What should a landlord be paying to furnish an HMO? There is a ballpark figure at approximately £2.5k for a four-bed HMO at £600 a room but that gets cheaper the more rooms there are. Something else you will want to consider is whether your time is best spent assembling furniture or whether you want that done for you.
Property Expert Series: Dale Wild from Pegasus Property Investments & Landlord Co.
- Part 1: Introducing Dale Wild from Pegasus Investments and Landlord Furniture Co.
- Part 2: What Projects Are Pegasus Investments Working On and Why?
- Part 3: What Is An HMO?
- Part 4: What Furniture Should You be Providing in an HMO?
- Part 5: What Colour Schemes Work Best for HMOs?
- Part 6: Is it Better to Put Up Blinds or Curtains in an HMO?
- Part 7: What Type of Beds Should Investors Use in Their HMOs?
- Part 8: How Much Should a Landlord Budget to Furnish an HMO?
- Part 9: How to Give Your HMOs the WOW Factor
- Part 10: How To Invest in HMOs
- Part 11: What Do Landlords Need to Know About HMO Licensing?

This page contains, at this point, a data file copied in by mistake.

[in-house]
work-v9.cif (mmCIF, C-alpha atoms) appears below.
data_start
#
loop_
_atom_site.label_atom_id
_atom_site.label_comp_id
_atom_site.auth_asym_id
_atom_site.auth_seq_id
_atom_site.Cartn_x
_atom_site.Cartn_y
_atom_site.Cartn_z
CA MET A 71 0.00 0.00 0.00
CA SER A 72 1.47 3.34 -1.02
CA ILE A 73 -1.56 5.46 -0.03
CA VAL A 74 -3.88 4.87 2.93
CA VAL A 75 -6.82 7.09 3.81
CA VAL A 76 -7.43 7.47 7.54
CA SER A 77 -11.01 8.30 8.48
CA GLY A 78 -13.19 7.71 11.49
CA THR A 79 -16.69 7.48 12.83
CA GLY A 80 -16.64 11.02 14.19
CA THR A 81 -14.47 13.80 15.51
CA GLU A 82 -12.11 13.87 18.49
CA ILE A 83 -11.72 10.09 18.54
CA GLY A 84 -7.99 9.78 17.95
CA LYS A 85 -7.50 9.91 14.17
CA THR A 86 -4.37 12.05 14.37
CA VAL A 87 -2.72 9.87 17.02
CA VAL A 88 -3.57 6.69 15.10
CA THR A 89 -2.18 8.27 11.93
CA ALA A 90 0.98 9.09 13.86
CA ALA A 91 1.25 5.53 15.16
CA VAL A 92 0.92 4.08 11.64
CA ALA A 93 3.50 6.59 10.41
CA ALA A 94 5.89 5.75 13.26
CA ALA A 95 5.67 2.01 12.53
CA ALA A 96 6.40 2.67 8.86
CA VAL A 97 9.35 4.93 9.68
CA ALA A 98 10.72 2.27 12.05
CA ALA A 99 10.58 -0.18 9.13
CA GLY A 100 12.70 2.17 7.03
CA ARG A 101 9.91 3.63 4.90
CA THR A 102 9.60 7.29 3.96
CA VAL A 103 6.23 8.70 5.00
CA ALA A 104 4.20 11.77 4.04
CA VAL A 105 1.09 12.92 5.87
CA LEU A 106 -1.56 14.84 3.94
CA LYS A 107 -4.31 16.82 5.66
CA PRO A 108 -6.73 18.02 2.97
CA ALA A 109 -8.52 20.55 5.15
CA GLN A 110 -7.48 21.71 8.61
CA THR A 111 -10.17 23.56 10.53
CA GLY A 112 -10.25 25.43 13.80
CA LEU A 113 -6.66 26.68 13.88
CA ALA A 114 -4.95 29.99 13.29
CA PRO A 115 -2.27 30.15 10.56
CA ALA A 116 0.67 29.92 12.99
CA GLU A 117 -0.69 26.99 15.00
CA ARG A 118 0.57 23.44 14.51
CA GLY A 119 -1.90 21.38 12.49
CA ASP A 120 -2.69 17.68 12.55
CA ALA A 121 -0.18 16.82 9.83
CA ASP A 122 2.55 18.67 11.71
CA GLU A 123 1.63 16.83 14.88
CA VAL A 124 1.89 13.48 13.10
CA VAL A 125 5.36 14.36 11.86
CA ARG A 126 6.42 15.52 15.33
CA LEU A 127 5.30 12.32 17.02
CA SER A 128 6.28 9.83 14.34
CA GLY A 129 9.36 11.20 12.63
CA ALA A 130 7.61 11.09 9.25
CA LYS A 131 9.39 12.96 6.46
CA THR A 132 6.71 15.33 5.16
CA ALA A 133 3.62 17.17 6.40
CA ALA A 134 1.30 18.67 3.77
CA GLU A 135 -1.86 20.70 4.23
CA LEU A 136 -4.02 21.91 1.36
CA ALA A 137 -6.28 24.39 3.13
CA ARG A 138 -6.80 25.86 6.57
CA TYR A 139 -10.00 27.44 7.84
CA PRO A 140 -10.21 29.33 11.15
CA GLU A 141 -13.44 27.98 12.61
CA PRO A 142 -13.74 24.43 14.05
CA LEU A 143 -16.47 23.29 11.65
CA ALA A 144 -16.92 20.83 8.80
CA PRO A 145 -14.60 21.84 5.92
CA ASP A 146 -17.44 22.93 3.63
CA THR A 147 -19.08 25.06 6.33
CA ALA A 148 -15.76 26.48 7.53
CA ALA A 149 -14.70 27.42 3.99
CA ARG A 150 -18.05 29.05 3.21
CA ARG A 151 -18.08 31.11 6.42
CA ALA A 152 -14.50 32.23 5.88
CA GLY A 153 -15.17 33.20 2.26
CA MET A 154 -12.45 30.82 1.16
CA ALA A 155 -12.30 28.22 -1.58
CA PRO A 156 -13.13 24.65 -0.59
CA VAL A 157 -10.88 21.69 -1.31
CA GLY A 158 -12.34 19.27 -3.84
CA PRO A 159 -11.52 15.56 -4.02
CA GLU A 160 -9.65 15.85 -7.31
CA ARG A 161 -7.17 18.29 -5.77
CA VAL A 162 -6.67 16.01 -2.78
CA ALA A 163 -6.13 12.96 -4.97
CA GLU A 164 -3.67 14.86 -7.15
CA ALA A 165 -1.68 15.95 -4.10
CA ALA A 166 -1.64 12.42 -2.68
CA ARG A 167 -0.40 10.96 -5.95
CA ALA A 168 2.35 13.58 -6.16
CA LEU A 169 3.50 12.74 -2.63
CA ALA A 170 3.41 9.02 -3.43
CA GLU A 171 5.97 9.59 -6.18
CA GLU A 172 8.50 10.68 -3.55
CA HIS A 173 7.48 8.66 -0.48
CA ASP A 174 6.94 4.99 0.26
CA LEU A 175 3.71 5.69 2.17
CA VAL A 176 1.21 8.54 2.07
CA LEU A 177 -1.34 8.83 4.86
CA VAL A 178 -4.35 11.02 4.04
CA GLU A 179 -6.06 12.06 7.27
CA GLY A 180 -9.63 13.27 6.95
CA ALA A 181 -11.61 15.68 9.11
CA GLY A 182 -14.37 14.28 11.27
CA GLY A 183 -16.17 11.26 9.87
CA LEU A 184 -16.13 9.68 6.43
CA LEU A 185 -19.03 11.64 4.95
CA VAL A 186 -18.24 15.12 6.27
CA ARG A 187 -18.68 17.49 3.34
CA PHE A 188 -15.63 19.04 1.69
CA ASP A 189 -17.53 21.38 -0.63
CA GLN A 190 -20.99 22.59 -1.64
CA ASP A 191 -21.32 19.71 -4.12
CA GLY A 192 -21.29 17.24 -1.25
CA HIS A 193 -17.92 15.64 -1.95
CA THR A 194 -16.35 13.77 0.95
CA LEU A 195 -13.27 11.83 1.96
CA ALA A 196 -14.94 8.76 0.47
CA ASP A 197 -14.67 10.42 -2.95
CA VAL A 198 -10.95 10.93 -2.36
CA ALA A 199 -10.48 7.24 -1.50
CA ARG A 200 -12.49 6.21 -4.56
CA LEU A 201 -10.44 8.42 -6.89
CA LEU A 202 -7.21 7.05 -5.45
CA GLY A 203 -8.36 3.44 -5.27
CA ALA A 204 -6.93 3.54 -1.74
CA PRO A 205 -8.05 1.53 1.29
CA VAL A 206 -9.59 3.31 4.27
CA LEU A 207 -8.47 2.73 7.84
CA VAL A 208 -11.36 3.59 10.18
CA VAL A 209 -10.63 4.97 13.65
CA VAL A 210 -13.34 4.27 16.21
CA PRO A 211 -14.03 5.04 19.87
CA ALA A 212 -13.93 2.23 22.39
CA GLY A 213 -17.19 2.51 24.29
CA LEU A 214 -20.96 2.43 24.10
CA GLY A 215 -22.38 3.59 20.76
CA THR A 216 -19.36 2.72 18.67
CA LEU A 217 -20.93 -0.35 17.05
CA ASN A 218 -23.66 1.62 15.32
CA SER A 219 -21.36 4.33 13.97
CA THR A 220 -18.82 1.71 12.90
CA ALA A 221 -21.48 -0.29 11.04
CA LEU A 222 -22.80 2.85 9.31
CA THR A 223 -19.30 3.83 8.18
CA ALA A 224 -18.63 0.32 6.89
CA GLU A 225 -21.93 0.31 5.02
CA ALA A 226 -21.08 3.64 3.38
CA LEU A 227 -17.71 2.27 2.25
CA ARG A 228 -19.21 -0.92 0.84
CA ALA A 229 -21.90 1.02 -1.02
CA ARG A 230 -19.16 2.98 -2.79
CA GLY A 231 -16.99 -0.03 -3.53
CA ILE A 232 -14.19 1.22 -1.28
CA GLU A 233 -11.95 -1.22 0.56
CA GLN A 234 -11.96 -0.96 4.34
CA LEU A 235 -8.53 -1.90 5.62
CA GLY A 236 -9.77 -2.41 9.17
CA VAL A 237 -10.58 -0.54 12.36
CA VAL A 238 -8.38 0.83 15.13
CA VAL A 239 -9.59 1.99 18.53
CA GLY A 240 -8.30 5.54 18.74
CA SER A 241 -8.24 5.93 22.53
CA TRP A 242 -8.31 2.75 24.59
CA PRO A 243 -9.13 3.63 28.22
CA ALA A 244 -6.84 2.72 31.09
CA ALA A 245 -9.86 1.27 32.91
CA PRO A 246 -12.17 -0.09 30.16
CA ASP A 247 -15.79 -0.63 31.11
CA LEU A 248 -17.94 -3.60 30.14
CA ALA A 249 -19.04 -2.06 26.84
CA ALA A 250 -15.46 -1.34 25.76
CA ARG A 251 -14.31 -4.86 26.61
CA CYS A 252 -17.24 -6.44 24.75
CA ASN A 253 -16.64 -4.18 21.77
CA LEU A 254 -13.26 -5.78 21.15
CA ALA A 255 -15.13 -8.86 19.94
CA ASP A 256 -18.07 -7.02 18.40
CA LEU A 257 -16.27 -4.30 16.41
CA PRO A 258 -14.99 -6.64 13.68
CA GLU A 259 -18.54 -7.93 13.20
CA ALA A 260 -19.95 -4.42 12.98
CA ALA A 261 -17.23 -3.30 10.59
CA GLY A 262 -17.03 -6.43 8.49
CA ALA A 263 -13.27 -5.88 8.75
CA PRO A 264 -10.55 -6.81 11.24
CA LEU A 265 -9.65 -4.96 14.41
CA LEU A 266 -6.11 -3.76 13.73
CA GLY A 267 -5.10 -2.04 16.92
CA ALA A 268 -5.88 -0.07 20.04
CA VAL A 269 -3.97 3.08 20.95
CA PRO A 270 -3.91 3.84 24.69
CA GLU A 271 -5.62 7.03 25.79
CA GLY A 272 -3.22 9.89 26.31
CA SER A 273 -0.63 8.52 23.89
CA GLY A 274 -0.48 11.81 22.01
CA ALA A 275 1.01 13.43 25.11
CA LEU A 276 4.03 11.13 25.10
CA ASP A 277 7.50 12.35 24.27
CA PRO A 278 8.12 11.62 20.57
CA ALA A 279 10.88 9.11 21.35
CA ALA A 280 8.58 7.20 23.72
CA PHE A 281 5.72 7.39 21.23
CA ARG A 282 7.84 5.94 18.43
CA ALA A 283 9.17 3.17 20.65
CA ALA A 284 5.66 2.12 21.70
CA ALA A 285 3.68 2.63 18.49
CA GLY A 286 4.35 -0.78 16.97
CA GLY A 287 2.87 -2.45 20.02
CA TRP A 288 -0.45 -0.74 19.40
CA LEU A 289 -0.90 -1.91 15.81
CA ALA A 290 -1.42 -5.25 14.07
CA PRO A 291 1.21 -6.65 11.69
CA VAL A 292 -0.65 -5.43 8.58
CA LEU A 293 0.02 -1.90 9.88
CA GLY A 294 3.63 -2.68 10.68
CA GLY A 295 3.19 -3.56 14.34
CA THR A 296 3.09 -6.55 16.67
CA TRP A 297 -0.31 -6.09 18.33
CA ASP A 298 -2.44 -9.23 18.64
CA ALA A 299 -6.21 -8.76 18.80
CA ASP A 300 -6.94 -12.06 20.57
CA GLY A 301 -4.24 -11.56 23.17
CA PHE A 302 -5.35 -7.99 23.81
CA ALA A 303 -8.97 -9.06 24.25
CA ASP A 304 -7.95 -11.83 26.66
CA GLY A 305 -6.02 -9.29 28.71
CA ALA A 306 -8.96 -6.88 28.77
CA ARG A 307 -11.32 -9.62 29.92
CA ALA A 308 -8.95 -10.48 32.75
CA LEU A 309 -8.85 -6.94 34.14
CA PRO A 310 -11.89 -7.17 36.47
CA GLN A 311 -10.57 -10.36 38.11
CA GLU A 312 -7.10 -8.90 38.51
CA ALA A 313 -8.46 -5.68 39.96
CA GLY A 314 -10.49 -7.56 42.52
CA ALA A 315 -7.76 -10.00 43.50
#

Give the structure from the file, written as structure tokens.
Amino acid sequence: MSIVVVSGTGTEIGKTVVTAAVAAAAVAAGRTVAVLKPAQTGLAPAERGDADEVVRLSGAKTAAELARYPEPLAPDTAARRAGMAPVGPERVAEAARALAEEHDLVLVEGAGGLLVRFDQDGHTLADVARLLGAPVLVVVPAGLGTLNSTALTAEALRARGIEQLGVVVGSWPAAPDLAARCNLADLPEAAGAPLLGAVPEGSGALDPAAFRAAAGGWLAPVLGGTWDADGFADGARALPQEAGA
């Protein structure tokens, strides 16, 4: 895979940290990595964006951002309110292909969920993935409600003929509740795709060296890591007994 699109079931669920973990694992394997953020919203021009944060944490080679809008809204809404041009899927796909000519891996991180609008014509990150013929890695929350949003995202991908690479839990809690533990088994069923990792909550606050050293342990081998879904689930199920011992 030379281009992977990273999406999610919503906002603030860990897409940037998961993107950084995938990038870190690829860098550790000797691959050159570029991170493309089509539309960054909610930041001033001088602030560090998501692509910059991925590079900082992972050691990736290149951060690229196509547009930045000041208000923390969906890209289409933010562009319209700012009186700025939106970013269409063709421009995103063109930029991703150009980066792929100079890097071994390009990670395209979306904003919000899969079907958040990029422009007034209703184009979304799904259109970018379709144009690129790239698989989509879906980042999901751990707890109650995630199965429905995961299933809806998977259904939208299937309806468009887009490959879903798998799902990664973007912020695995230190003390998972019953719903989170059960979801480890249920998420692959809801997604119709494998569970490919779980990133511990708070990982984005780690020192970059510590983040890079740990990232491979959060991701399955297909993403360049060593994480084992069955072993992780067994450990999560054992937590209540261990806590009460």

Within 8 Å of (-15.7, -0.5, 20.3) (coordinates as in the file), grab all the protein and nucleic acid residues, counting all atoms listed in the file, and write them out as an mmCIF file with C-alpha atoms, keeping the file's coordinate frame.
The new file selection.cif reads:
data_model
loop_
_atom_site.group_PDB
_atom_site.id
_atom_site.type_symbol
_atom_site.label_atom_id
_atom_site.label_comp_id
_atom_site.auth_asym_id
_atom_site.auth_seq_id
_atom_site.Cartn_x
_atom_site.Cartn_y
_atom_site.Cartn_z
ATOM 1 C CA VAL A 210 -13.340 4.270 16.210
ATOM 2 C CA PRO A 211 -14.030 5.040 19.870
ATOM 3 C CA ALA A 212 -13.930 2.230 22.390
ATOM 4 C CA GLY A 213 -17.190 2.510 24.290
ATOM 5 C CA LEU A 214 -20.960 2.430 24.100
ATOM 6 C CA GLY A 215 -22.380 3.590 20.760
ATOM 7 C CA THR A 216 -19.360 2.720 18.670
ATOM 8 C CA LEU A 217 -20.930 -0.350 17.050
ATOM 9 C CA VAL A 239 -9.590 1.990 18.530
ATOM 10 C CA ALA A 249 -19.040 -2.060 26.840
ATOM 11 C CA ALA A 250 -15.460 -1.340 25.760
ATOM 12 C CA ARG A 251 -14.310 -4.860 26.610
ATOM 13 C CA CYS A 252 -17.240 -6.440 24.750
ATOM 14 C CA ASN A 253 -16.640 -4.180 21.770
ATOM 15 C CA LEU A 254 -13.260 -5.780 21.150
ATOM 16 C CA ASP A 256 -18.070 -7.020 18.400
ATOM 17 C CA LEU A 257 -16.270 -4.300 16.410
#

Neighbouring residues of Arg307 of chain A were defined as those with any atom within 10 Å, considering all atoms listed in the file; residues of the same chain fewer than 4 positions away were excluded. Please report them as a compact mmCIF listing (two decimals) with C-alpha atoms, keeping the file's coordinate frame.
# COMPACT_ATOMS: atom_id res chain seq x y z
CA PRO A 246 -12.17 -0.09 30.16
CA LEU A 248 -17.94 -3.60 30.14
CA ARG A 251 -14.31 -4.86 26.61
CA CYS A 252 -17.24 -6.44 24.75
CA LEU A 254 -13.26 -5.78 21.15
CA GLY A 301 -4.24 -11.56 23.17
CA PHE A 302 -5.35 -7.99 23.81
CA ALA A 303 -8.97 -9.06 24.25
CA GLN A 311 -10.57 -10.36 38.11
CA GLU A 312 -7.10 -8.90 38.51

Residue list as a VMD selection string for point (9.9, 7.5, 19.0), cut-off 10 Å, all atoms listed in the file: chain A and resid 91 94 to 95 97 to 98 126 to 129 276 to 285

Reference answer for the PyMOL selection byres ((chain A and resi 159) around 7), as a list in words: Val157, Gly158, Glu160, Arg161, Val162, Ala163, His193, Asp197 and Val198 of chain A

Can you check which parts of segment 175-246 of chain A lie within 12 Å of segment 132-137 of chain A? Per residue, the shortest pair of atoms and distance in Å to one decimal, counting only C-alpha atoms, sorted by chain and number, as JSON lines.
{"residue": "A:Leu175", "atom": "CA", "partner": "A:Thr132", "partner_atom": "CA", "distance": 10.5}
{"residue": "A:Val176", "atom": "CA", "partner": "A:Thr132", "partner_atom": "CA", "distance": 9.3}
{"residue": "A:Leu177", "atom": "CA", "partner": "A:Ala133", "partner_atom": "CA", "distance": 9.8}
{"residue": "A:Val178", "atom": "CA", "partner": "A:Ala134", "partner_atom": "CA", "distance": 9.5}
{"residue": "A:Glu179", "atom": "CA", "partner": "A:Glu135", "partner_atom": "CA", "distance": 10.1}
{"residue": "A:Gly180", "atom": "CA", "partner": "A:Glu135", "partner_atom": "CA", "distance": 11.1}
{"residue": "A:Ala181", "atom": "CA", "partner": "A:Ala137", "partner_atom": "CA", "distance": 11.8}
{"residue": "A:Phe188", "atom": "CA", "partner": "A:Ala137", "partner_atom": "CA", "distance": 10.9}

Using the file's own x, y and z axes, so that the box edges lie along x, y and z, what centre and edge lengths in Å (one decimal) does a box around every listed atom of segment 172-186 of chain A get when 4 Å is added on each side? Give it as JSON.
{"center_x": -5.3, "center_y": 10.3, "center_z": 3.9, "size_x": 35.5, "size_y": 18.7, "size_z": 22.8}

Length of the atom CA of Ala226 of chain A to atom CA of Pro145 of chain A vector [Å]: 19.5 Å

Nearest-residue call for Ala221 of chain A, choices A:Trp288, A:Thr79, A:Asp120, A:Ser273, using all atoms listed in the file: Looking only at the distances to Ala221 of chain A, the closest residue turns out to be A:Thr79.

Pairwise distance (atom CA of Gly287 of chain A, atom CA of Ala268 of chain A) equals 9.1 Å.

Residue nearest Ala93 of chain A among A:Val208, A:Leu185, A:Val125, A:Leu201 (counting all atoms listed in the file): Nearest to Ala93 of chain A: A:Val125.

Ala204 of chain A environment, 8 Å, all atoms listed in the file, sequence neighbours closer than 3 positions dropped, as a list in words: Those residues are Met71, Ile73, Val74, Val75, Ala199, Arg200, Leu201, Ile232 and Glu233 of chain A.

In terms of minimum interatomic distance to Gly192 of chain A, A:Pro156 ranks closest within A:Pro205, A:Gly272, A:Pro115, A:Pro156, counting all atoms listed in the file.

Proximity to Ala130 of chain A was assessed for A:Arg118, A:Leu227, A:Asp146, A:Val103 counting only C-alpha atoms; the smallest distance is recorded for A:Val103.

Furnishing An HMO
Amy: Can you tell me, Dale, while there will be variations regarding the number of rooms, what should a landlord be paying to furnish an HMO? Is there a ballpark figure or a figure per room?
What should landlords and property investors be looking to pay?
Dale: It does depend on the size of the HMO because the per-room price would come down if you were doing a 20-bed HMO.
But if you were looking at, say, a 4-bed, everything you need, just for the bedrooms, you are probably looking at 2.5 grand which is £600 per room. That’s including the VAT and the installation.
I know that some guys will go to the flat-pack companies. Ours come ready assembled and we install it for you.
It might seem cheaper at the checkout but there is time and there is pain involved with assembling them in your HMO.
Amy: For me, personally, I’d be a bit concerned about letting somebody sleep in a bed that I’d put together, myself, from IKEA.
Even hanging a picture on the wall, I’d be scared it might fall off. So, I’d be getting someone in to be doing all of that.
Dale: I can imagine. Put a mattress on the floor.
Amy: Yeah. So, that’s great that you come in and install the items because that’s going to save the landlord a day.
Dale: Yeah, we just turn up in the morning, the guys install it and take all the rubbish away and then away we are.
It depends on what the landlord wants or what the investor wants. It depends on their budget and it depends on how involved they are.
I meet loads and loads of landlords that are just hands-on with everything, which is great.
I’d like to be able to do a lot of the stuff that they do. They’ll do the refurb, they’ll do everything and they’re happy to spend a day or two putting furniture together.
And the results are great, so each to their own.
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